The old Obama standards led, as will the new ones, to a spate of lawsuits—over 600, according to FIRE, with 239 listed here—brought by accused and college-convicted students claiming that their civil rights had been violated by universities. Many of those suits were won by the plaintiffs. And those victories cost colleges big time.

The new Biden standards are a recipe for similar lawsuits and for huge payments by universities. Behind eroding the rights of students, that’s the second reason not to favor the proposed changes.

According to the FIRE article, the proposed changes “roll back student rights” in these ways.

  • eliminating students’ right to a live hearing;
  • eliminating the right to cross-examination;
  • weakening students’ right to active legal representation;
  • allowing a single campus bureaucrat to serve as judge and jury;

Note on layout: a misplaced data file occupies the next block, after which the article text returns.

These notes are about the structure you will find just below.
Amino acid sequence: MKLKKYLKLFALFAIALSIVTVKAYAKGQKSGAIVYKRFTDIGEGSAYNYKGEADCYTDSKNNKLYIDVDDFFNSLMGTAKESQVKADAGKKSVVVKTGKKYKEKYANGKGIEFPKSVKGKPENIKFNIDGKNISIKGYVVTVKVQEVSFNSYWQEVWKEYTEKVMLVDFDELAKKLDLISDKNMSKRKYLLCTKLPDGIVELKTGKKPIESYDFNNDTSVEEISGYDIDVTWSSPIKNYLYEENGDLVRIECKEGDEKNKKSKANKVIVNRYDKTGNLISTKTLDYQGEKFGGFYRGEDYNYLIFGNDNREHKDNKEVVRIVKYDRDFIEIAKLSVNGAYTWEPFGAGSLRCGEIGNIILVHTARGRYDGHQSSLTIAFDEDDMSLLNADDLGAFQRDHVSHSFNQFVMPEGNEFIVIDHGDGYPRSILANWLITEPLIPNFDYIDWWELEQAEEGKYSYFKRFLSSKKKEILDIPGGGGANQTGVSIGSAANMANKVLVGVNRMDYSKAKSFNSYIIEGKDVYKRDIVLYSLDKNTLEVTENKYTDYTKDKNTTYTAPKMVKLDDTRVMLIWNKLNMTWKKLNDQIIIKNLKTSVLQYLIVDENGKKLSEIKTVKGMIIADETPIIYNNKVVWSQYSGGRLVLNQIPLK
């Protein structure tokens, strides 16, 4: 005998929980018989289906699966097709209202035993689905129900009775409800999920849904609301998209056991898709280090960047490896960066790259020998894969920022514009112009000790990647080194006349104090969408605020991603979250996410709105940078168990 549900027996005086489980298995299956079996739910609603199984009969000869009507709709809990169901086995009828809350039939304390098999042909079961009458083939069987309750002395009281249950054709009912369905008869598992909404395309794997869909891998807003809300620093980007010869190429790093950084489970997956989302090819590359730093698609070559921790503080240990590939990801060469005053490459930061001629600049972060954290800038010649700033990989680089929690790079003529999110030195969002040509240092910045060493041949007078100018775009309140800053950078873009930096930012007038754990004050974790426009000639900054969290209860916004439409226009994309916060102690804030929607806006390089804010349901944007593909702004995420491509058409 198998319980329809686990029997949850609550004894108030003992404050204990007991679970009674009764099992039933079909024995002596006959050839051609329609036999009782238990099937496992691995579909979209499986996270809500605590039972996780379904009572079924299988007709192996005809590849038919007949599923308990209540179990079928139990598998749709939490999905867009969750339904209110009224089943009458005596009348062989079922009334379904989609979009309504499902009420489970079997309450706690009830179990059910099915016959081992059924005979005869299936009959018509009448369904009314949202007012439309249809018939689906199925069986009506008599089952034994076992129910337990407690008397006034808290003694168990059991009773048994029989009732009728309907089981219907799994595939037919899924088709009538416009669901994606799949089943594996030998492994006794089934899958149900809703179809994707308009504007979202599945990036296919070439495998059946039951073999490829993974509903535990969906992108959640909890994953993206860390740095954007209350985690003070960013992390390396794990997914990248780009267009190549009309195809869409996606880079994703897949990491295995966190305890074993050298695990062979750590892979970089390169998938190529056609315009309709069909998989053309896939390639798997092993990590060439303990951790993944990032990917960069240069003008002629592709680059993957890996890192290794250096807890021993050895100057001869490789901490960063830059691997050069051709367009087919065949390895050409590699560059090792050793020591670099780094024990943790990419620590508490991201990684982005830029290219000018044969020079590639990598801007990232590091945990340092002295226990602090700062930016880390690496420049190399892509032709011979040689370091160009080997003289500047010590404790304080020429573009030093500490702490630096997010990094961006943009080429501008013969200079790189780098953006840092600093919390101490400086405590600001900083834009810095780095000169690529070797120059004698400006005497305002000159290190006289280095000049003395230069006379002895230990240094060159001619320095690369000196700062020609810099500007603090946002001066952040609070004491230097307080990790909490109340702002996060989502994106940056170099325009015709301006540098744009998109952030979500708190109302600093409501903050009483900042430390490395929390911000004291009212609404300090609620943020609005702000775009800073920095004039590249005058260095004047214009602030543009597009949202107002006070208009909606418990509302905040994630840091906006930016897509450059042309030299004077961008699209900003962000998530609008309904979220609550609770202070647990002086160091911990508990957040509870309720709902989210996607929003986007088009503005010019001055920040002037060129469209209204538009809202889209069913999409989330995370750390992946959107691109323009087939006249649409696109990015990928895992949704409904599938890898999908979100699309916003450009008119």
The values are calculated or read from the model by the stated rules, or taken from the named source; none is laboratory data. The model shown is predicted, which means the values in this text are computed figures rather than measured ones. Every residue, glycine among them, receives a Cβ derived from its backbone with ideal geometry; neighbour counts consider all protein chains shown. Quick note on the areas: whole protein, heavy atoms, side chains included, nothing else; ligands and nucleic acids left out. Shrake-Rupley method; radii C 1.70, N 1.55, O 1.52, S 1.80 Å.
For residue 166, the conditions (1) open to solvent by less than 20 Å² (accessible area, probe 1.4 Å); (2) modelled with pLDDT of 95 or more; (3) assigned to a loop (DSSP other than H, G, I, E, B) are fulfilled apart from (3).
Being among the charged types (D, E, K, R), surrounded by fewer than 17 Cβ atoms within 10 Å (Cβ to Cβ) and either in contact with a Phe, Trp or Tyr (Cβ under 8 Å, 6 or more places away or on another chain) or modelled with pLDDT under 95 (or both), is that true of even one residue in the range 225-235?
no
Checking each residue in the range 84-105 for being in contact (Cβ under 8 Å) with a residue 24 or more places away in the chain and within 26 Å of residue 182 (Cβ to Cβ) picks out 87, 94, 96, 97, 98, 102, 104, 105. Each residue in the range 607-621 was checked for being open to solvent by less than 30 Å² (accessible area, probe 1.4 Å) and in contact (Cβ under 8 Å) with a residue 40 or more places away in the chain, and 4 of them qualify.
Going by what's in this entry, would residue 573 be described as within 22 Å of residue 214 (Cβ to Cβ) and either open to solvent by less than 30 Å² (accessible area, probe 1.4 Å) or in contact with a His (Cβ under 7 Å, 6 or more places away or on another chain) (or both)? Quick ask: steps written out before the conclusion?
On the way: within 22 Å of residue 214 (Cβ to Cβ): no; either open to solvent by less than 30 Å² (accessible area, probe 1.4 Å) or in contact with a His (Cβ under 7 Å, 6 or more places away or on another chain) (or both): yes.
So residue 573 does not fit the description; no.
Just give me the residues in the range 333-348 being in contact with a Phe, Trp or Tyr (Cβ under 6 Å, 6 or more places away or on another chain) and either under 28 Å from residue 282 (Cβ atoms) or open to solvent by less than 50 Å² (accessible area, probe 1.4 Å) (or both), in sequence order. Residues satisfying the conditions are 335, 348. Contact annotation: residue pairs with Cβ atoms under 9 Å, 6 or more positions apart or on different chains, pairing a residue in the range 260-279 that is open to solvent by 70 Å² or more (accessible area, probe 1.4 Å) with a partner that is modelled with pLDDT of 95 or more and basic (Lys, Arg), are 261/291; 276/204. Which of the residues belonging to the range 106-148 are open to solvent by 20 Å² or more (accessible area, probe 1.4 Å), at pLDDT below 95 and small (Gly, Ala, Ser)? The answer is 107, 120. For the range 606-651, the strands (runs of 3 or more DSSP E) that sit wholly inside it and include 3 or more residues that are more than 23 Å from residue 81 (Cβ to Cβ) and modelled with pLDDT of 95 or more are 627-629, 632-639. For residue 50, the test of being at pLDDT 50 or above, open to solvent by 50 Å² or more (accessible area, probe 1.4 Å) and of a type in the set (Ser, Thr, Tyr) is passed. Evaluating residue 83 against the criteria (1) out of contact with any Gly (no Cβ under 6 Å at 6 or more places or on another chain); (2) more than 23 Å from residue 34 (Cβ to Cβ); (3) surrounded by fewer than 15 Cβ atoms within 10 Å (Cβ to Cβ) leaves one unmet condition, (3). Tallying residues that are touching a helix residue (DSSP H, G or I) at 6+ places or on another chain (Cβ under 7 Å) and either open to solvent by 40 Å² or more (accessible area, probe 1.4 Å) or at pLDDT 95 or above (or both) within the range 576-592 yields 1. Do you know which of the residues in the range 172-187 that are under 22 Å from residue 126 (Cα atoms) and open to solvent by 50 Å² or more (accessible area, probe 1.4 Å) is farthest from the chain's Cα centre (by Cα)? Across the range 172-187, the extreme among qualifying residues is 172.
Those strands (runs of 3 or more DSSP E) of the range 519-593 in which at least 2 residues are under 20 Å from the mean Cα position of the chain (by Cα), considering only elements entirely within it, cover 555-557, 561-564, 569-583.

• rejecting the Supreme Court’s definition of sexual harassment in favor of a definition that threatens free speech rights;
  • requiring colleges and universities to use the weak “preponderance of the evidence” standard to determine guilt, unless they use a higher standard for other alleged misconduct.

Fire doesn’t mention the issue of transsexual women (or men) competing against biological women (or men) in sports, probably because FIRE is concerned with free speech and expression, and sports does’t fall under that rubric. But sports participation remains an issue of concern, especially if, as I recall, the Biden construal of “gender” is independent of whether there’s been any medical intervention. It will be—and again, I may be wrong—purely a matter of which sex you identify with.

Although the ACLU and other “liberal” organizations were against the DeVos changes, we all know that the ACLU, like the Southern Poverty Law Center, now favor weakening civil rights if that helps what they see as a beleaguered minority (in this case, accusers, often seen as “survivors”). But it helps nobody to erode standards of justice that apply to everyone.

FIRE is of course against the Biden-esque changes, and has filed an objection. (There’s still time for people to weigh in on the regulations, as the article below notes.) A few excerpts from the FIRE post: